A new securities filing for the T-Mobile-Sprint merger makes clear what had been only rumored over the past year: Sprint was a hot commodity—kind of.
In addition to its on-again/off-again talks with T-Mobile, which ultimately resulted in a $27 billion deal in April, Sprint also held fairly serious talks with at least three other companies. The filing with the Securities and Exchange Commission dated July 30 doesn’t name the three, labeling them only Company A, B, and C. Analysts say they are, respectively, cable giants Charter Communications and Comcast along with satellite TV service Dish Network. But it doesn’t appear as though any of those talks got serious enough to present a real alternative to T-Mobile’s offer.
Sprint (s), T-Mobile (tmus), and Dish (dish) declined to comment on the filing. Comcast (cmcsa) did not immediately respond to a request for comment. In a call with analysts on Tuesday, Charter (chtr) CEO Tom Rutledge appeared to deny talking with Sprint about a merger.
But according to the filing, talks between Sprint, its majority-owner SoftBank Group, and Charter and its biggest shareholder, John Malone, seem to have gotten serious in June 2017. That’s when the two companies signed a nondisclosure agreement to allow the exchanging of financial information. The agreement also covered another public company, which analysts peg as Comcast, since Charter and Comcast had been cooperating somewhat on rolling out their own wireless services. The Wall Street Journal reported on the agreement at the time, as well. A separate nondisclosure agreement covering Sprint and Malone appears to have been signed in July, according to the filing.
By late July, talks had heated up. Sprint, SoftBank, Charter and Malone met in late July to “discuss a possible business combination between Sprint and Company A,” the filing says.
That seems to be at odds with comments by Charter CEO Tom Rutledge on Tuesday, after the filing was made public. Rutledge said Charter “didn’t make an attempt to buy any wireless assets” and only held talks about entering an agreement to buy wireless service from Sprint as a wholesaler, like it was already doing with Verizon.
The New York Post had reported last November that Rutledge and Malone argued over merger strategy. Malone wanted to sell Charter to Sprint majority owner SoftBank while Rutledge wanted to buy more, smaller cable TV companies, the paper reported.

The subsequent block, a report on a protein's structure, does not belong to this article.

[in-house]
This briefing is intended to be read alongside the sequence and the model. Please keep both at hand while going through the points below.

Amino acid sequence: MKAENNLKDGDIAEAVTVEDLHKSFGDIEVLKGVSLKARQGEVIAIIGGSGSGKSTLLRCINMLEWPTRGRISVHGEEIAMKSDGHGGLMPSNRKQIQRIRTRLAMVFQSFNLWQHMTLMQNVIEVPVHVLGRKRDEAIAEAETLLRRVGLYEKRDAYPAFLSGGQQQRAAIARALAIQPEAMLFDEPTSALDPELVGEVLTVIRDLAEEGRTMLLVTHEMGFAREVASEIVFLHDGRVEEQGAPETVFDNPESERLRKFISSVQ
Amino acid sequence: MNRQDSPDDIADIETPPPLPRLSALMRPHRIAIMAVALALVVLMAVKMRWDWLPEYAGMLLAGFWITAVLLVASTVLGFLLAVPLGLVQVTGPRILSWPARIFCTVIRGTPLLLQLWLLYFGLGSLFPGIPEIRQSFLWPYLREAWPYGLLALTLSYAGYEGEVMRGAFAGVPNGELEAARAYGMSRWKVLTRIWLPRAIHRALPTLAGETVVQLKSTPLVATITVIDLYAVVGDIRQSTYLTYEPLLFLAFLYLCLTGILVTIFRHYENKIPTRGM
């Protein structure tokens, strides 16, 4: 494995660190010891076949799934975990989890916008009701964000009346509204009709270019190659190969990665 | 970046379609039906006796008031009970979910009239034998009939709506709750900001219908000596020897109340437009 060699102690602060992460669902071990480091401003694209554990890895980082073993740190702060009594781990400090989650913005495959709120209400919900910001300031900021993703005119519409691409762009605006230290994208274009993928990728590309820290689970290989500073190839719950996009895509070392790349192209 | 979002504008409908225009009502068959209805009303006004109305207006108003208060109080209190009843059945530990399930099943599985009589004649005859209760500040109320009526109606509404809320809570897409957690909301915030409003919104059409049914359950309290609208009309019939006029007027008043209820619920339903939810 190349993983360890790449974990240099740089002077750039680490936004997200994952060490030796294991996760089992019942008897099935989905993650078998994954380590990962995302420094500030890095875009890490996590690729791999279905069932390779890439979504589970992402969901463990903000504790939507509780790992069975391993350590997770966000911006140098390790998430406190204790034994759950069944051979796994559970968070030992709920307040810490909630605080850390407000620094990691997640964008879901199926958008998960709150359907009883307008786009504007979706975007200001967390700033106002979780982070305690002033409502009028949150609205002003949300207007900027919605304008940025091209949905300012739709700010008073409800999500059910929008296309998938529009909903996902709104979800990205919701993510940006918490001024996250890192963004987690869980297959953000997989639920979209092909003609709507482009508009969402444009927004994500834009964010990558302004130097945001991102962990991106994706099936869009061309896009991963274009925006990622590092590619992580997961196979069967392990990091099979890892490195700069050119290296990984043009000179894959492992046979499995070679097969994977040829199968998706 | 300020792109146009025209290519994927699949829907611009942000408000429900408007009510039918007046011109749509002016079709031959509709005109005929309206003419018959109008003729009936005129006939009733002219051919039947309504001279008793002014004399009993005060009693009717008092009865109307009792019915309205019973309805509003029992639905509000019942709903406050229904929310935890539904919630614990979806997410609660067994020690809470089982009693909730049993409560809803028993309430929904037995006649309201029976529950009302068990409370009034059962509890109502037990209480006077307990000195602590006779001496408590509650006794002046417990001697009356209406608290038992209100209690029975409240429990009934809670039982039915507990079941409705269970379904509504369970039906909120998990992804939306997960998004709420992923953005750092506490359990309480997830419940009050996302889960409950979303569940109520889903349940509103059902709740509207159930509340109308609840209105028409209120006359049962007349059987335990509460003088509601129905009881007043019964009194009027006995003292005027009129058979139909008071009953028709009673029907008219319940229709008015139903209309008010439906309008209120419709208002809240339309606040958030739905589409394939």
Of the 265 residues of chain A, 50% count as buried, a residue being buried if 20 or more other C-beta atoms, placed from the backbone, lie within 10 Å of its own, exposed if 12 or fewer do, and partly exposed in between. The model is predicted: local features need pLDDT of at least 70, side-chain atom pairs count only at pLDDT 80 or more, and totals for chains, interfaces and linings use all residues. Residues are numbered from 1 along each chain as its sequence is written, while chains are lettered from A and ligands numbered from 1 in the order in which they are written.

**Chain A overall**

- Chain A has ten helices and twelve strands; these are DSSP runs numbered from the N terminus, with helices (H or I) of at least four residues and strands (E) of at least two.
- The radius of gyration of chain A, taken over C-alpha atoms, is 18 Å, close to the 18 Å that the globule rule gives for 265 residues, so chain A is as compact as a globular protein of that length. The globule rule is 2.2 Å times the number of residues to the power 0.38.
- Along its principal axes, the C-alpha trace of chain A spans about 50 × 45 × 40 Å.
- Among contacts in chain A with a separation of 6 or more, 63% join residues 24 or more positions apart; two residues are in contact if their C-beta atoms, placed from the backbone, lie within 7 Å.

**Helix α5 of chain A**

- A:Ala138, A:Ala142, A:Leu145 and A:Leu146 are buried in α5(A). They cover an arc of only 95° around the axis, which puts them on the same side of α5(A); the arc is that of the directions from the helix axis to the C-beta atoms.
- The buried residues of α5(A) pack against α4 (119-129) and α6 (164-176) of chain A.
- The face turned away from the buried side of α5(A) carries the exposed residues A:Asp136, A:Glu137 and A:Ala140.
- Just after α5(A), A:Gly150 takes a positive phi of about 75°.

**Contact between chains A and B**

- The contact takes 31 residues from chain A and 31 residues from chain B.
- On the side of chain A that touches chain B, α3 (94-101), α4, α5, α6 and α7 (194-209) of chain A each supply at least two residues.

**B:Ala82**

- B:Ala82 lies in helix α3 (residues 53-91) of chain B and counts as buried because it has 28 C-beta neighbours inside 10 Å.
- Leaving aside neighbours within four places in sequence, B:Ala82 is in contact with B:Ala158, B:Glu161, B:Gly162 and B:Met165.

And some Sprint meetings over the summer of 2017 described in the filing included only Malone or his financial advisor, not Charter itself. By late September, after a final meeting between representatives for Charter and Sprint, no agreement was reached and the talks ended.
That led to a more detailed meeting between Sprint and T-Mobile on Sept. 26 where specific details were discussed of how a merger might be completed, including the exchange ratio between the two companies’ stocks. But those talks, too, broke down when the two sides couldn’t agree on an exchange ratio or a governance structure that pleased both sides. On Nov. 4, they issued a joint statement that talks were off.
And that’s when Dish Network, as “Company C,” appears to have stepped in. The companies entered into a nondisclosure agreement in Dec. 2017 and continued talking through Feb. 2018.
But on Feb. 23, T-Mobile and Sprint met in person and got very specific about possible exchange ratios. T-Mobile and its majority owner Deutsche Telekom said they would merge valuing each T-Mobile share at 10.5 Sprint shares. Sprint and SoftBank sought a ratio of 9 to 1.
Two days later Sprint and Dish held their last, unsuccessful meeting, leading to a series of intensifying talks between T-Mobile and Sprint that eventually led to the April 29 public merger announcement.
One key turning point appears to have been a March 27 meeting when the two sides agreed to an exchange ratio valuing each share of T-Mobile at 9.75 shares of Sprint. SoftBank even agreed to allow its shareholder voting power to be dictated by Deutsche Telekom, a necessary requirement for DT so that it could continue to include the U.S. wireless unit’s financial results consolidated with its own. And they agreed that T-Mobile CEO John Legere would become CEO of the merged company.
Another motivating event to help the deal finally close occurred at an April 8 board meeting at Sprint. In addition to getting an update on how talks were progressing with T-Mobile, the board also got “an adjusted set of financial forecasts” for Sprint that took into account “certain Sprint-specific and overall industry challenges.”
The two sides then quickly hashed out a complete merger agreement over the next few weeks and announced their transaction on April 29. It’s now before regulators at the Justice Department and Federal Communications Commission.
The filing also included a bit of pro forma financial information looking at how the combined companies would have performed last year if they had already merged. Revenue would have totaled $72.7 billion with net income of $12.5 billion, or $9.63 per share.